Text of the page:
The first step in finding a thesis supervisor is having a meeting with your honors advisor in order to talk through your thesis interests. When identifying a thesis supervisor, consider professors with whom you have a good rapport; professors whose creative or scholarly interests seem like they might dovetail with your own; professors willing to oversee experimental work. You do not need an exact match with any given professor’s work or interests. For instance, a professor’s methodology might fit yours, even if the focus of their research differs.
Before approaching a potential thesis supervisor, meet with your honors advisor to confirm that this would be an appropriate fit for you. After meeting with your honors advisor, you will be making an appointment to meet with the potential thesis supervisor. During that meeting, you will offer some plans with concrete ideas. Be open-minded. Be prepared to listen to alternatives. Discuss the professor’s willingness to supervise the thesis. (Sometimes faculty are already committed to other projects.) If a faculty member cannot agree to supervise, use the opportunity to ask for further suggestions about your topic and a potentially appropriate supervisor, then check back in with your honors advisor.
Crafting the Thesis Proposal
For students graduating in the spring semester of any given year, thesis proposals are due in early April of the prior year. As with other deadlines, the Schreyer Honors College will prompt you to complete the thesis proposal form on the SRS site. Start planning the thesis as soon as a supervisor has been identified. Look at other proposals and at completed theses for good models. Read one or two award-winning theses to get a sense of the scope and depth of a successful thesis: < https://honors.libraries.psu.edu/search/ >.
Critical / literary studies thesis proposals will articulate the questions being asked, identify the primary and secondary materials to be used, and hypothesize about a general argument to be made. You might not have specified your conclusions yet, but a well formulated set of questions is key.
Creative thesis proposals will identify the genre(s) of writing, identify the writing method and approach, and situate the work within the critical context of that genre.
Both kinds of theses require, at the proposal stage, a bibliography (in standard documentation format) of sources consulted. This will reveal how your project is in conversation with other relevant work.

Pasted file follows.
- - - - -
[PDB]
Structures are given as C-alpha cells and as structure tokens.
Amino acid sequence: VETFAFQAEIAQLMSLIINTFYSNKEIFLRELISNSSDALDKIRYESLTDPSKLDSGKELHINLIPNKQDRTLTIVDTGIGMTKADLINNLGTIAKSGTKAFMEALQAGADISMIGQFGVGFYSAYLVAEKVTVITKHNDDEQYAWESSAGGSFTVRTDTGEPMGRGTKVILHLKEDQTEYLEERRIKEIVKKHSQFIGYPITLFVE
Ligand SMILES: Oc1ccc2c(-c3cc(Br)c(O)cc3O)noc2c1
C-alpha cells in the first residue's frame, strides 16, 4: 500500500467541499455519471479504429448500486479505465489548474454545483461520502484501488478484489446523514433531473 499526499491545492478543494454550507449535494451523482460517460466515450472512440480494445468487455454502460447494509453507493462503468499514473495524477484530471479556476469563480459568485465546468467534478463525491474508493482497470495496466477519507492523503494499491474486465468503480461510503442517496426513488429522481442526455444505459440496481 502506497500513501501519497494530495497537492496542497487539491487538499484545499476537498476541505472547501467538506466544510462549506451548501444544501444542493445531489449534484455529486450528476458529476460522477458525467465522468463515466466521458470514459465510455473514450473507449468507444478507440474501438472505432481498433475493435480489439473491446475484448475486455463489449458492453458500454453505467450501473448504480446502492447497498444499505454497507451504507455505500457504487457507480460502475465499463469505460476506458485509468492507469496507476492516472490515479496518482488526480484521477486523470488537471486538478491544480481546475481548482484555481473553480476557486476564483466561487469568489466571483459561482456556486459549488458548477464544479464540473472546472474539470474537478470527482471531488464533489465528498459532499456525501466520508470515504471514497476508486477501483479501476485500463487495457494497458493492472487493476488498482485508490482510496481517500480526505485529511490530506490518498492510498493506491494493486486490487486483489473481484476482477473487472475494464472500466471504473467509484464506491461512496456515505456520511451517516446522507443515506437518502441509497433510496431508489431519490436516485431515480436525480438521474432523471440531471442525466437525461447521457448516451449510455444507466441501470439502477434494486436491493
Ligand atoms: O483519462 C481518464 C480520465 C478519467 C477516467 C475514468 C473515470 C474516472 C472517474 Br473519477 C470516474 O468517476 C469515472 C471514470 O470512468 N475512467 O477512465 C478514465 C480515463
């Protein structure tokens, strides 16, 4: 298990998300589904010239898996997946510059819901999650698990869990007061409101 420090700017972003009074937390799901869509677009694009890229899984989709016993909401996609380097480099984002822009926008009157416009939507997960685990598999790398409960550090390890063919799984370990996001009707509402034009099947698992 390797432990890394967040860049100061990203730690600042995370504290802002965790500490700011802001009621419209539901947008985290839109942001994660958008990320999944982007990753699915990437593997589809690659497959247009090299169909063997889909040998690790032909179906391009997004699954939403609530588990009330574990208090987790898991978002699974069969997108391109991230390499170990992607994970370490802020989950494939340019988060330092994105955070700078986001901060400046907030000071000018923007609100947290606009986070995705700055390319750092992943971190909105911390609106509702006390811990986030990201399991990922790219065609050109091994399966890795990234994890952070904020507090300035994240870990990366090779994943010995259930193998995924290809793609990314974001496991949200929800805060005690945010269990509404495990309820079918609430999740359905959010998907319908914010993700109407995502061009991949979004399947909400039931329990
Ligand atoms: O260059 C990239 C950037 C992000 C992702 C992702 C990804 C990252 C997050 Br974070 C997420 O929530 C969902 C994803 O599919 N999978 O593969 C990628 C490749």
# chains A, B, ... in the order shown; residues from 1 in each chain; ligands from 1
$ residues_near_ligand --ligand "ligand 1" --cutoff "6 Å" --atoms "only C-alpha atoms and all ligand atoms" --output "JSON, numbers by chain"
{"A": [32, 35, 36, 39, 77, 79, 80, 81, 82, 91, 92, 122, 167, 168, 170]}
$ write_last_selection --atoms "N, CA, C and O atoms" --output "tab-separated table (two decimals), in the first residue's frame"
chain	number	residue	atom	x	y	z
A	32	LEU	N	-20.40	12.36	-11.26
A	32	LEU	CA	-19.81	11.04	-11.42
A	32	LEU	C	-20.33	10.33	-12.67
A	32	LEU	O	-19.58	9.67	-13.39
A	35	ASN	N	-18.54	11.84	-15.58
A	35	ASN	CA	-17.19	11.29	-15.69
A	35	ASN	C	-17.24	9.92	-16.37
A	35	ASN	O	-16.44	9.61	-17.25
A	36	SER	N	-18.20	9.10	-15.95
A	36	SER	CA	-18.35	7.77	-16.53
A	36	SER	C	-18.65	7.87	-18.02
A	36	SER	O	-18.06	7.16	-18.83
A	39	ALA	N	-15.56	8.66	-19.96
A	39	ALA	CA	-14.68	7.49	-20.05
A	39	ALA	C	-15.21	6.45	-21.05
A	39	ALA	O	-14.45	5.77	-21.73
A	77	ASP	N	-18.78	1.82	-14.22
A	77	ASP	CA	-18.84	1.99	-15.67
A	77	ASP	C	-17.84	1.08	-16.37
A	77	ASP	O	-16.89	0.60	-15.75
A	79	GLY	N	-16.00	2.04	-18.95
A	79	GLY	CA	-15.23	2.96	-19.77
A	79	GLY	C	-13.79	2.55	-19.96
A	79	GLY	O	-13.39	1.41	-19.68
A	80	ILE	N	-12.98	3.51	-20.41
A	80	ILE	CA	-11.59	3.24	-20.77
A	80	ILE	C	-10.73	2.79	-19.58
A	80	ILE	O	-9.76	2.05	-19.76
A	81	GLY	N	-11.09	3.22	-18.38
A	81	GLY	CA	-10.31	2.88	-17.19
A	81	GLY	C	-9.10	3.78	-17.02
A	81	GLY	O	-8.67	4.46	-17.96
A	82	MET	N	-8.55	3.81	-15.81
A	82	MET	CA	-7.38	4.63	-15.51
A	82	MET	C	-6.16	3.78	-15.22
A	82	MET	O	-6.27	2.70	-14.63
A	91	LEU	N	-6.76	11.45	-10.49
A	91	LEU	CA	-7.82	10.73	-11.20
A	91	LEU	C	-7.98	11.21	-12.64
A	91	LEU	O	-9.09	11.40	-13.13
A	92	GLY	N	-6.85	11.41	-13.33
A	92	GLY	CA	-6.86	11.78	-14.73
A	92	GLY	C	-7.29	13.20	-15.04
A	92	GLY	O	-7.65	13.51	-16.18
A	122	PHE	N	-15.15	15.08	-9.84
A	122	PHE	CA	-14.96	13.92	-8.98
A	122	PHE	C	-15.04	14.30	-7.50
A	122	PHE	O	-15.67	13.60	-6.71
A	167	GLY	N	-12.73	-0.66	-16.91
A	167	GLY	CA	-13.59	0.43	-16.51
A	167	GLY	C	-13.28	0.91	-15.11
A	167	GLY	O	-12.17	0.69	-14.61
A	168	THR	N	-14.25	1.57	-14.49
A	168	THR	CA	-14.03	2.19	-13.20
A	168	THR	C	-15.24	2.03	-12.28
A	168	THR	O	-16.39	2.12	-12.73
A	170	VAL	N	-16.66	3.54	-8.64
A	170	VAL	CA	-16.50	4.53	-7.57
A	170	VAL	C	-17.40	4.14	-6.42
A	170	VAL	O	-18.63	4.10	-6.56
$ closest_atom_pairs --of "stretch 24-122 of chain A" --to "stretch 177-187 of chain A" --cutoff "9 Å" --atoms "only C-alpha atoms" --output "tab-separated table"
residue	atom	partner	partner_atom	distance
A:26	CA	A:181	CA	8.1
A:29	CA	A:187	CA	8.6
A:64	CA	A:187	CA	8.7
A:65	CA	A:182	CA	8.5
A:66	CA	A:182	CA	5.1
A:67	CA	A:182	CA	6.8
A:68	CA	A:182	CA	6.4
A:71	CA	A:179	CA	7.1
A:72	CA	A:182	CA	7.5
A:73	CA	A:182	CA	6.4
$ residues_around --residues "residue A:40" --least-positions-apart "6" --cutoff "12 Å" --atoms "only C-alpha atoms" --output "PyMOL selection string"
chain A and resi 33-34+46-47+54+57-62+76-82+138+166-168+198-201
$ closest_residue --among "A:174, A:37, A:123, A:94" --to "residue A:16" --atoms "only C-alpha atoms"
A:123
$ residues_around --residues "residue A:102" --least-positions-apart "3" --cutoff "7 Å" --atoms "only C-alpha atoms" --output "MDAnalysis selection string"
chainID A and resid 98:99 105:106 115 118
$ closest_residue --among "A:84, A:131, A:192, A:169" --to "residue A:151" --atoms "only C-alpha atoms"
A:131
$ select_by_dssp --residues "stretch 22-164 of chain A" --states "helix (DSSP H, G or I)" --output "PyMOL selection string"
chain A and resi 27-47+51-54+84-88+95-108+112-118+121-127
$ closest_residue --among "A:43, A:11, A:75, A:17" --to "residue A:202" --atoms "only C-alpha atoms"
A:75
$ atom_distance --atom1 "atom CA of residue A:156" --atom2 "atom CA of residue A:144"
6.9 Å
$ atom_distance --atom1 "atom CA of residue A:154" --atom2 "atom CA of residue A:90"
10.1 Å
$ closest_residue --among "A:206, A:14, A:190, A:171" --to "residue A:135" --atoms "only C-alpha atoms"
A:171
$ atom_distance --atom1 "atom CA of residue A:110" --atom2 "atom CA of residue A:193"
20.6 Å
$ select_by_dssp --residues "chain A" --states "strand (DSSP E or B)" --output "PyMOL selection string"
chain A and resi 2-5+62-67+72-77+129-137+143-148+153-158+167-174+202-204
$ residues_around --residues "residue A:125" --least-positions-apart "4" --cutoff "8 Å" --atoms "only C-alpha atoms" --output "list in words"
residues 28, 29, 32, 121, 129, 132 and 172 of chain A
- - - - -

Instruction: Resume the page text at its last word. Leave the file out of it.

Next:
Once you have drafted the thesis proposal, consult with your proposed thesis supervisor and your honors advisor, allowing them sufficient time to offer suggestions. Do not submit a proposal without getting the approval of your thesis supervisor and honors advisor! Expect to get feedback on your plans. Give your thesis supervisor and your honors advisor time to respond to your proposal draft, because it’s complicated to make changes once you submit the form for them to sign off on.
Planning the Project
One semester prior to the ENGL 494 semester, consult with your thesis supervisor to develop a reading list to be completed before you start writing. For theses written in the fall (for May graduation), this will be summer reading; for theses written in the spring (for December graduation), this reading will have to be compacted over the holiday break.
For critical / literary studies theses, read in both primary (the literature, films, authors, or evidence you are analyzing) and secondary materials (articles and books about your topic).
For creative theses, read primary texts in your chosen genre, along with such secondary sources as reviews of these works and articles and books about writing and the writer’s life.
Finding primary materials. The primary materials you’re using should extend beyond what you’ve done in classwork, but do not take on too much. In the end, the quality of the analysis matters much more than pages generated. If you can sustain an analysis of a single novel for fifty pages, offer a thorough account of the secondary criticism on that novel and make a real contribution to that criticism. Note, however, that a twenty-five page plot summary of a single novel is not worthy of honors in English.
Finding secondary materials. Look for important secondary studies offering fresh and provocative approaches to your topic or genre as well as studies that articulate the relationship between your topic and general literary history.
Library and internet databases will assist your work. Library databases of both primary and secondary writings can assist your background research. Think flexibly about useful keywords for searching databases. Also, consider using the resources found in the notes of scholars whose work you have discovered. Using other scholars’ resources will assist your work in identifying pertinent additional primary and secondary sources. If two or three very current articles cite the same older work, you have probably found a foundational critical study.
Look into possible grants to assist your work. Schreyer Research Grants, Erickson Grants, and Liberal Arts Enrichment Grants are available. Consult with the Schreyer Honors College about summer research funding, research travel funding, and other ways to support ambitious research projects. Erickson grants and Liberal Arts Enrichment Grants are available to rising seniors who will incur expenses for their research. If you are a Paterno Fellow, ask the fellows assistant if grants might be available to assist your work. Also consult this link: https://la.psu.edu/research/undergrad-research